Entrepreneurial mind shifts, what they are and how you can explore them with your students.
Entrepreneurs own a portfolio of mind shifts that are key to their success and ability to innovate. Mind shifts are specific ways to view things or ways of perception. Entrepreneurs use mind shifts to intentionally alter their perspective and tap into their innovative thinking. There are three key mind shifts that are helpful for entrepreneurs that are easily brought into the classroom and to your students.
Convergent Thinking to Divergent Thinking
Convergent thinking is a focused methodical approach to problem solving that seeks to find or refine a single solution (Merriam-Webster). It is an important part of problem solving, however new ideas and innovation are often born through divergent thinking. Divergent thinking follows multiple lines of thought and is broad and open, promoting new and original solutions to problems (Merriam-Webster).
- 25 different uses for a paperclip: Have students brainstorm and explore 25 different ways to use a paper clip, focusing on coming up with as many ideas as possible instead of validating them as they go.
- Lateral thinking puzzles and riddles: A simple search of google will reveal a bounty of lateral thinking puzzles. Here is one of the classics to get you started, the answer is at the bottom (don’t cheat, give them a try!). There is a scarf, pile of charcoal, and a carrot on the ground. There are no signs of anyone around and no one placed them there. How did this happen?
Perfection to Getting Messy
Sometimes instead of being hung up on details and getting something perfect from the start we need to try something out and get feedback as we go. This provides for more learning experiences and when it comes to product development it lets you collect information on the riskiest pieces of your business before investing a significant amount of time or money in the venture.
- Share your own experience: Share a story with your class about a time when something didn’t go according to plan and in the end, it provided a better learning opportunity. Then have students write their own experience of something similar.
- Sharpie and line drawing: Give each student a sharpie and have them start writing a story (no editing), or drawing. They will have to embrace their mistakes, instead of erasing them and starting over. It is best if each of them only receives one sheet of paper for the activity.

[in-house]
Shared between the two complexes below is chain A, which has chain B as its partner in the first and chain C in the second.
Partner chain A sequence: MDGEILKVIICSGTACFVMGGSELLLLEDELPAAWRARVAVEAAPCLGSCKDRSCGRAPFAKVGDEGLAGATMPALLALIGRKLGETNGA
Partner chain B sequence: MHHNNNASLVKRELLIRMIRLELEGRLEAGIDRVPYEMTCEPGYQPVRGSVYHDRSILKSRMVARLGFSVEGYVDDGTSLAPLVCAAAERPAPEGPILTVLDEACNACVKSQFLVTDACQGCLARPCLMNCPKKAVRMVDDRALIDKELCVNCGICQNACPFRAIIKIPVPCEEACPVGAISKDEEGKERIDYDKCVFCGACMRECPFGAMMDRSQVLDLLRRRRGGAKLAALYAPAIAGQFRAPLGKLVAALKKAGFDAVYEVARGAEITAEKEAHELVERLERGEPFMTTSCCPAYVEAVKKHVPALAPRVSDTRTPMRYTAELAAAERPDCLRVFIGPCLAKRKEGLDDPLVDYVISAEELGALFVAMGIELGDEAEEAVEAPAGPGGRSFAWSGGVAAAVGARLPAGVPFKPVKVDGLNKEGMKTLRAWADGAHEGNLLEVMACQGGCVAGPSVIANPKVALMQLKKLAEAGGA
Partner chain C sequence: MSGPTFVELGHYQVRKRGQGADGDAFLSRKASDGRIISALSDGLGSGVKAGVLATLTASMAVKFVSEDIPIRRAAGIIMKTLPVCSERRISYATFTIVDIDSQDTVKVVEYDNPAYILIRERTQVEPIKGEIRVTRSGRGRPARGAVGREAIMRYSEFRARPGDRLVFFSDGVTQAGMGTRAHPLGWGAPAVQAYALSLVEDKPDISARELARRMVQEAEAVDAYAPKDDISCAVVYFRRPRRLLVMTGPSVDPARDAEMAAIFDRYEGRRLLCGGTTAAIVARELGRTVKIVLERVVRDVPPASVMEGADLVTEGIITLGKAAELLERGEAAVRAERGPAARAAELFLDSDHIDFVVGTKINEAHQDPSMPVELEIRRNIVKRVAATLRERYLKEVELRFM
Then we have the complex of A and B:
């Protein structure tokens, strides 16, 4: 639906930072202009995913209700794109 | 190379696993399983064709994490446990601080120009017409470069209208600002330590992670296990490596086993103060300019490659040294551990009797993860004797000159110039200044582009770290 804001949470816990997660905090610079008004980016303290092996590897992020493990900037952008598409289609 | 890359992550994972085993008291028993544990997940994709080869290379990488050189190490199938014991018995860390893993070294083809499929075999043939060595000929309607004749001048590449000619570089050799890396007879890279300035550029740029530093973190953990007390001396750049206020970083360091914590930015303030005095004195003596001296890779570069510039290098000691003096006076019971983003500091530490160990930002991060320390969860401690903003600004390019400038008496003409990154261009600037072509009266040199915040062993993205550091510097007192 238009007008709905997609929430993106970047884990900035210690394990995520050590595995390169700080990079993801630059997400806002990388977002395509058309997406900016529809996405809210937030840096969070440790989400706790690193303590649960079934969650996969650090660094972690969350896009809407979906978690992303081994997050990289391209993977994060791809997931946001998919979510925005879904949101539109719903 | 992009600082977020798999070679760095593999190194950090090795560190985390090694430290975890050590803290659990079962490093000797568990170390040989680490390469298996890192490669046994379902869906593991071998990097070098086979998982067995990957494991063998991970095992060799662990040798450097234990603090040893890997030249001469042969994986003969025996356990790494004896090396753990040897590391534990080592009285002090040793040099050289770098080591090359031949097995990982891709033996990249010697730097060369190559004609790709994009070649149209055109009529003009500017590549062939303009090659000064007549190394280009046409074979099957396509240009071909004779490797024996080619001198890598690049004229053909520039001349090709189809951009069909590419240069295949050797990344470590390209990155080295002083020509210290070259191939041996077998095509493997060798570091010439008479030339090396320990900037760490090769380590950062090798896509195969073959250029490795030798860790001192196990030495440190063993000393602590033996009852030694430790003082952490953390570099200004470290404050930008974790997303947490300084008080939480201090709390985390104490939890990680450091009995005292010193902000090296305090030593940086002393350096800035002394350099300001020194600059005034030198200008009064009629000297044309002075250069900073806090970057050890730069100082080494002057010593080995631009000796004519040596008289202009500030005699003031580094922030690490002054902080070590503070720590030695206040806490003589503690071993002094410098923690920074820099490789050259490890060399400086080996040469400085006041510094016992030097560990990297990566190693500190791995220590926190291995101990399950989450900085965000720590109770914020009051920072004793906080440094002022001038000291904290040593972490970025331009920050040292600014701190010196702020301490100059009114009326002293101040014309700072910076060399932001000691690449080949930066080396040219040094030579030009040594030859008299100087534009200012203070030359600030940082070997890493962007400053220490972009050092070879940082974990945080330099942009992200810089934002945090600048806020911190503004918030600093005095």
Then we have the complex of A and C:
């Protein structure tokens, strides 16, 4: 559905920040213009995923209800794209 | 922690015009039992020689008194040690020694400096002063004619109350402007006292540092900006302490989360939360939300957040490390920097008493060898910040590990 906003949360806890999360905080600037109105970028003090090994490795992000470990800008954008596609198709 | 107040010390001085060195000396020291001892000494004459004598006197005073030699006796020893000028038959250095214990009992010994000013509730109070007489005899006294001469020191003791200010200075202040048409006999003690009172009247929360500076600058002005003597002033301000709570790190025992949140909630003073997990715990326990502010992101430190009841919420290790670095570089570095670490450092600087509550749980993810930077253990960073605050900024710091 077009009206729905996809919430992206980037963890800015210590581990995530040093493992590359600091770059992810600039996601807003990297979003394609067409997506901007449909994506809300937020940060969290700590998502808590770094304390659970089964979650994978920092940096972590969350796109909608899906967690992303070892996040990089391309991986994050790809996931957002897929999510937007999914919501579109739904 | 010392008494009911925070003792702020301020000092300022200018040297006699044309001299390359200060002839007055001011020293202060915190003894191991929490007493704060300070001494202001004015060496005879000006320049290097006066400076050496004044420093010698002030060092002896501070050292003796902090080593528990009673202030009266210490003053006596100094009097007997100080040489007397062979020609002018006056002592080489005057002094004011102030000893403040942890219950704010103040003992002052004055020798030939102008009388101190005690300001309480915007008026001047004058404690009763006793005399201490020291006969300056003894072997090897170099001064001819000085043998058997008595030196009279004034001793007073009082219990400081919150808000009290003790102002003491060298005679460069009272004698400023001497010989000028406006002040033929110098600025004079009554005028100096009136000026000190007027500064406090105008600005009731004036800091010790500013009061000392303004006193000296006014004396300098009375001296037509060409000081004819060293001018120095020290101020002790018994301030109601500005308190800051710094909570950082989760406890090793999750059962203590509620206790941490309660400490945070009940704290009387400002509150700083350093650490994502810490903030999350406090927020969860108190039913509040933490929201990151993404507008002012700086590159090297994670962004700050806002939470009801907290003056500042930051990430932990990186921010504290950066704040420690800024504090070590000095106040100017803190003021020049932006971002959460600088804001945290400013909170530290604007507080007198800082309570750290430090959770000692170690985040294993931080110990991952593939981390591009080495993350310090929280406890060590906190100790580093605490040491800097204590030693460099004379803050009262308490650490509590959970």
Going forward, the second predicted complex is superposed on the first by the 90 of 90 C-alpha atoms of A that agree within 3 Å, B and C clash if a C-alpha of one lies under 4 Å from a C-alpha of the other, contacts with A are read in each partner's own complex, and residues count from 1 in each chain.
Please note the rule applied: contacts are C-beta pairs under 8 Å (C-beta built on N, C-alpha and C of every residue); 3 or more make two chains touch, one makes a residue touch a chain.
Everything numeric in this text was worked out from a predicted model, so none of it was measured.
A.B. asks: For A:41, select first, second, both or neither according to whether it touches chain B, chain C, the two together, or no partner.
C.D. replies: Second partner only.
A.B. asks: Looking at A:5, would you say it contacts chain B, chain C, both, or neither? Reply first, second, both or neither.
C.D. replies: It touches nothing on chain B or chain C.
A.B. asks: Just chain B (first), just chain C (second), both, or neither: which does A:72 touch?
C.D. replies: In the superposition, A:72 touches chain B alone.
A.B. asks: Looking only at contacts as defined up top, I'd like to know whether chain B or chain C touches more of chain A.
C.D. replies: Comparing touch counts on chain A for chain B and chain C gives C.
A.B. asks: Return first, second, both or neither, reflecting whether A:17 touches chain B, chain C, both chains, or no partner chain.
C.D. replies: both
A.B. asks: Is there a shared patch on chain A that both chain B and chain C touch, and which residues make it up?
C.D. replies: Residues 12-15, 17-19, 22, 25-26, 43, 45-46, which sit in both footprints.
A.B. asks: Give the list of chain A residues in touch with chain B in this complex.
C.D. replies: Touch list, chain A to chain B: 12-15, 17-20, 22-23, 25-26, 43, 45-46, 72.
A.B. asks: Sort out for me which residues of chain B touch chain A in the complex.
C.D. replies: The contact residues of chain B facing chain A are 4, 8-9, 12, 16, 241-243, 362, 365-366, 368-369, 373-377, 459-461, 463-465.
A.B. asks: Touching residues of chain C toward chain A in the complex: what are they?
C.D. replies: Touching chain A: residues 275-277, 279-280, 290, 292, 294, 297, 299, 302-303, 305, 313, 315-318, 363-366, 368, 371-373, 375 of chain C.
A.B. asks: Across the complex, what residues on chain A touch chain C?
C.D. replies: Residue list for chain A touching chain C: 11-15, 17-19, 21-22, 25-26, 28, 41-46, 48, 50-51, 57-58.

- Difficult questions: Give students difficult questions or hypotheses that they will unlikely know the answer to. Instead of being set on finding the right answer encourage them to guess and work through the idea, emphasizing that they don’t need to find the perfect answer and instead discover a possible answer.
Fixed Mindset to Growth Mindset
A fixed mindset is held by individuals who often give up when they fail at a task instead of trying again. In contrast, those with a growth mindset will learn from their mistake and try again. Someone with a growth mindset is resilient, perseverant, and determined.
- Assignments that allow students to try again: Create assignments based on effort and students learning from their mistakes. For these assignments have the evaluation on the process and progress instead of only the result.
- Reward students for stepping out of their comfort zones: Encourage students to try new things and pick difficult tasks to challenge themselves, reward them for stepping out of their comfort zones.
Check-out these items and articles we’re loving
We are hosting a Summer Startup Camp: The YES Team is bringing the innovation and startup journey to youth 15-18 through a virtual camp. Students can join anytime and go at their own pace with 1-1 mentorship when they need it. They walk away with key entrepreneurial skillsets, a micro-credential, and authenticated transcript. To learn more e-mail [email protected]
Free innovation tools: There are a variety of tools to choose from that you can easily print out and bring to your class. https://www.boardofinnovation.com/tools/
Spark Path Cards: A new approach to discovering a career, students look at real-world challenges that they resonate with, not job titles. https://mysparkpath.com/pages/about